Shutdown showed lack of leadership by president
At last, after a standoff lasting nearly two-and-a-half weeks, Congress got its act together. The government shutdown has ended, and hundreds of thousands of federal workers are making money and again contributing to the economy.
Thank you, Congress, for doing what we elected you to do.
The fact that the government shutdown happened, it turned into a bitter battle over Obamacare, and the United States almost defaulted on our debt is an extreme embarrassment to both the Republican and the Democratic Party.
I place the majority of the blame for these embarrassing developments on President Obama. When the initial debate over the government shutdown began, President Obama said, in his own words, “I will not negotiate.”
Negotiating is a characteristic, and a requirement, for leadership. A man or woman, regardless of race, political views or sexual preference, should be ready to negotiate when they are in a position of leadership. When they don’t, then it should be obvious: Vote the person out.
I do applaud the Republicans who took a stand against the implementation of Obamacare. Annually, it will draw $741 billion from Medicare, a service depended upon by millions that has been quite effective in assisting the poor with health care coverage.
Does America really want to replace an effective and successful system with a potentially disastrous one? The government should not be able to force its people to pay for the medical care of others under a government-mandated health system. That is leading the country on the path to socialized medicine, a path the United States of America does not want to take.
In the Declaration of Independence, it says, “We hold these truths to be self-evident, that all men are created equal, that they are endowed by their Creator with certain unalienable rights, that among these are life, liberty, and the pursuit of happiness.”
Notice, among these rights, government-mandated public health care is not among them.
Review too critical of ‘Mornings at Seven’
Re Oct. 20 article, “Cast can’t save outdated ‘Morning’ ”: Amy Durant saw no redeeming social or artistic value in the Civic Player’s current production “Mornings at Seven.” She also, albeit “with regret,” advises potential patrons to give it a pass. I disagree with that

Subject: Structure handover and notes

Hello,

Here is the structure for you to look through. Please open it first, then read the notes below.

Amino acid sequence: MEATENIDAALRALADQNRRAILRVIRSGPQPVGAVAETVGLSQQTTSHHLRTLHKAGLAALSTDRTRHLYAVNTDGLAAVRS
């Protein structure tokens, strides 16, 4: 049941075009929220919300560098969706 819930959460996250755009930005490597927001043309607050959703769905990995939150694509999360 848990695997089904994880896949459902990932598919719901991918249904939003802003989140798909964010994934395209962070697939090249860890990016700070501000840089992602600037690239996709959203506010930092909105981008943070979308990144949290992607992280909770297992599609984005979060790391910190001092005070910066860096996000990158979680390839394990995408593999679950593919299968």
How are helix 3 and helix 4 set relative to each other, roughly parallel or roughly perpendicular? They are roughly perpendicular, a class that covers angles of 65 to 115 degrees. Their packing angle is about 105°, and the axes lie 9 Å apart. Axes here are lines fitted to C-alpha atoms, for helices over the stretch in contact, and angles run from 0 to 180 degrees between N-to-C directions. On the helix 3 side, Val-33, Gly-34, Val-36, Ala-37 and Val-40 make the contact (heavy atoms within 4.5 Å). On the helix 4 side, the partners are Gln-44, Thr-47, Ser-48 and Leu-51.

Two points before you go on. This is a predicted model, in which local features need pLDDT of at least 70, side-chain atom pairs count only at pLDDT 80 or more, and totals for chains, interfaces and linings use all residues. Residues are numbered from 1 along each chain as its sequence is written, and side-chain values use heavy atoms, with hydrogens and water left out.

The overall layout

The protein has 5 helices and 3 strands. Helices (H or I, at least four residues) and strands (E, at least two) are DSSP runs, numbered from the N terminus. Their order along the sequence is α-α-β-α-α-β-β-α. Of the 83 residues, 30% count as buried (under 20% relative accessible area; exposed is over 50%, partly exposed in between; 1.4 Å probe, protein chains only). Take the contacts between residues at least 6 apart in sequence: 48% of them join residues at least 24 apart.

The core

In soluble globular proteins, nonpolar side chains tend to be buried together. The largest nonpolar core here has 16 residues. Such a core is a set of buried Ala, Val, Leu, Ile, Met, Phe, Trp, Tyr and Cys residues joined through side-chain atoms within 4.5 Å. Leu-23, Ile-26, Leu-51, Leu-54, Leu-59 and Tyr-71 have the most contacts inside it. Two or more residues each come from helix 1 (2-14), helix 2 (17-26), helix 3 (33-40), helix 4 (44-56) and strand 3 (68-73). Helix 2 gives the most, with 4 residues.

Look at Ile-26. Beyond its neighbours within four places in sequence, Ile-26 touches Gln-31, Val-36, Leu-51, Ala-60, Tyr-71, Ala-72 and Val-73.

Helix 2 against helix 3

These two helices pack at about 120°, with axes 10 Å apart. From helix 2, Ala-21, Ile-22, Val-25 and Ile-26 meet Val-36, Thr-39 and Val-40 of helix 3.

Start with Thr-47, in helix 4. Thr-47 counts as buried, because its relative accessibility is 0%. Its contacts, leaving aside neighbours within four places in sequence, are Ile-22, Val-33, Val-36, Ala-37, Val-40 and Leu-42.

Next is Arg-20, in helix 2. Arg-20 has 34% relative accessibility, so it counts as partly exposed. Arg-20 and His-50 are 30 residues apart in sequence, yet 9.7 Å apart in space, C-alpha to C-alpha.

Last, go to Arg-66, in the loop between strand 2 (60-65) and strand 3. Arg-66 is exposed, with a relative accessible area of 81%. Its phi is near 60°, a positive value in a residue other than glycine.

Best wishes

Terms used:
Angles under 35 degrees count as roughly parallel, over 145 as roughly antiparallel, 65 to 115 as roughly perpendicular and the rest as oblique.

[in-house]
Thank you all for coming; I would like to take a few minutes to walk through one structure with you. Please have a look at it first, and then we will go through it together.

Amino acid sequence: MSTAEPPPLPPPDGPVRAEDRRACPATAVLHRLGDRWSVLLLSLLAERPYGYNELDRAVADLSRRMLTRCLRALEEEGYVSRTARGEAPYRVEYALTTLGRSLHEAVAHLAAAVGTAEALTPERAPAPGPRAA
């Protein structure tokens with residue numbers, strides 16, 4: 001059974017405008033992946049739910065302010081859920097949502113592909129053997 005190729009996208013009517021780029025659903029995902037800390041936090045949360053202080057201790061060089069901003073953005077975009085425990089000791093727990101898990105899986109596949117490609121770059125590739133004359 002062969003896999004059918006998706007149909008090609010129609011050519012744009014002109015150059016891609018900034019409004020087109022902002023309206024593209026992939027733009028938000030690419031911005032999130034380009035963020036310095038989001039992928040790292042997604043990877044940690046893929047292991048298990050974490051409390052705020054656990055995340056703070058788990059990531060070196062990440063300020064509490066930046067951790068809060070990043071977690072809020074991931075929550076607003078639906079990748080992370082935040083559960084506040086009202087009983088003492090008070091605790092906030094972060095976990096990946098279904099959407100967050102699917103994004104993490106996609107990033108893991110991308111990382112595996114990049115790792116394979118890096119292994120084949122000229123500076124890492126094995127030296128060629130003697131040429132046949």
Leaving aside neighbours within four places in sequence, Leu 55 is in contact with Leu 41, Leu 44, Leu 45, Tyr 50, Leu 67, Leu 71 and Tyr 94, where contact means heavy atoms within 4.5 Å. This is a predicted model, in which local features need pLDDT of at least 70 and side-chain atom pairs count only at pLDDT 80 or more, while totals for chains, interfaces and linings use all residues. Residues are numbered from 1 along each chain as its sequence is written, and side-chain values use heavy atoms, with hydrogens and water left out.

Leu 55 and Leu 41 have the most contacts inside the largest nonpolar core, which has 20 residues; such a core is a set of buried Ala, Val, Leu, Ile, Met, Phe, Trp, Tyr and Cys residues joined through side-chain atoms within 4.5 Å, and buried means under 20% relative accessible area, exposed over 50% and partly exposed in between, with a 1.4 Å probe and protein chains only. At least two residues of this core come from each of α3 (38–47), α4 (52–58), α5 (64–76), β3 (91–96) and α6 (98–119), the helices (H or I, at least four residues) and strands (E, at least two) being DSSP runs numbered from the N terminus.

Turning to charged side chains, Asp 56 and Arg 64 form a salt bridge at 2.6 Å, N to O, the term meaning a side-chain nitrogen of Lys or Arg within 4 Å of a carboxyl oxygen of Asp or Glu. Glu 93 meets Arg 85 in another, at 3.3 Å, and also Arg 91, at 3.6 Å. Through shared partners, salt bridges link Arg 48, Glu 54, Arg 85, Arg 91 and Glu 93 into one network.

It is the kind of play that could be a charming period piece if it had a more focused theme and a stronger plot, and yes, it is “talky” and long. But I did not hear complaints except those called for by the script on stage.
The sets are wonderful, the costumes are perfect and the actors overcome the essential faults in the script — which much as Ms. Durant would like to chop is not a tradition in legitimate theater.
Everyone sees someone they know in the all-too-human characters. Today as then, many extended, mixed and blended “families” live in close proximity, just as do these four sisters in those “hard times.” Likewise, many contemporary folk find themselves in of the same annoyances, dependencies and misunderstandings that create both noteworthy kindnesses along with small-minded meanness. Intimacy can do that.
Although Ms. Durant moans that “what would seem shocking in 1939 barely fazes audiences now,” there is something very contemporary in the dilemma in which the incipient young couple find themselves!
The young woman who hopes for marriage and a home is more than a giggling, simpering newcomer. The Lane character manifests the cunning of a tightrope artist as she navigates this weird, yet strangely familiar “family.”
I hope people will find that this production is worth the price of a ticket and the time to evaluate for themselves.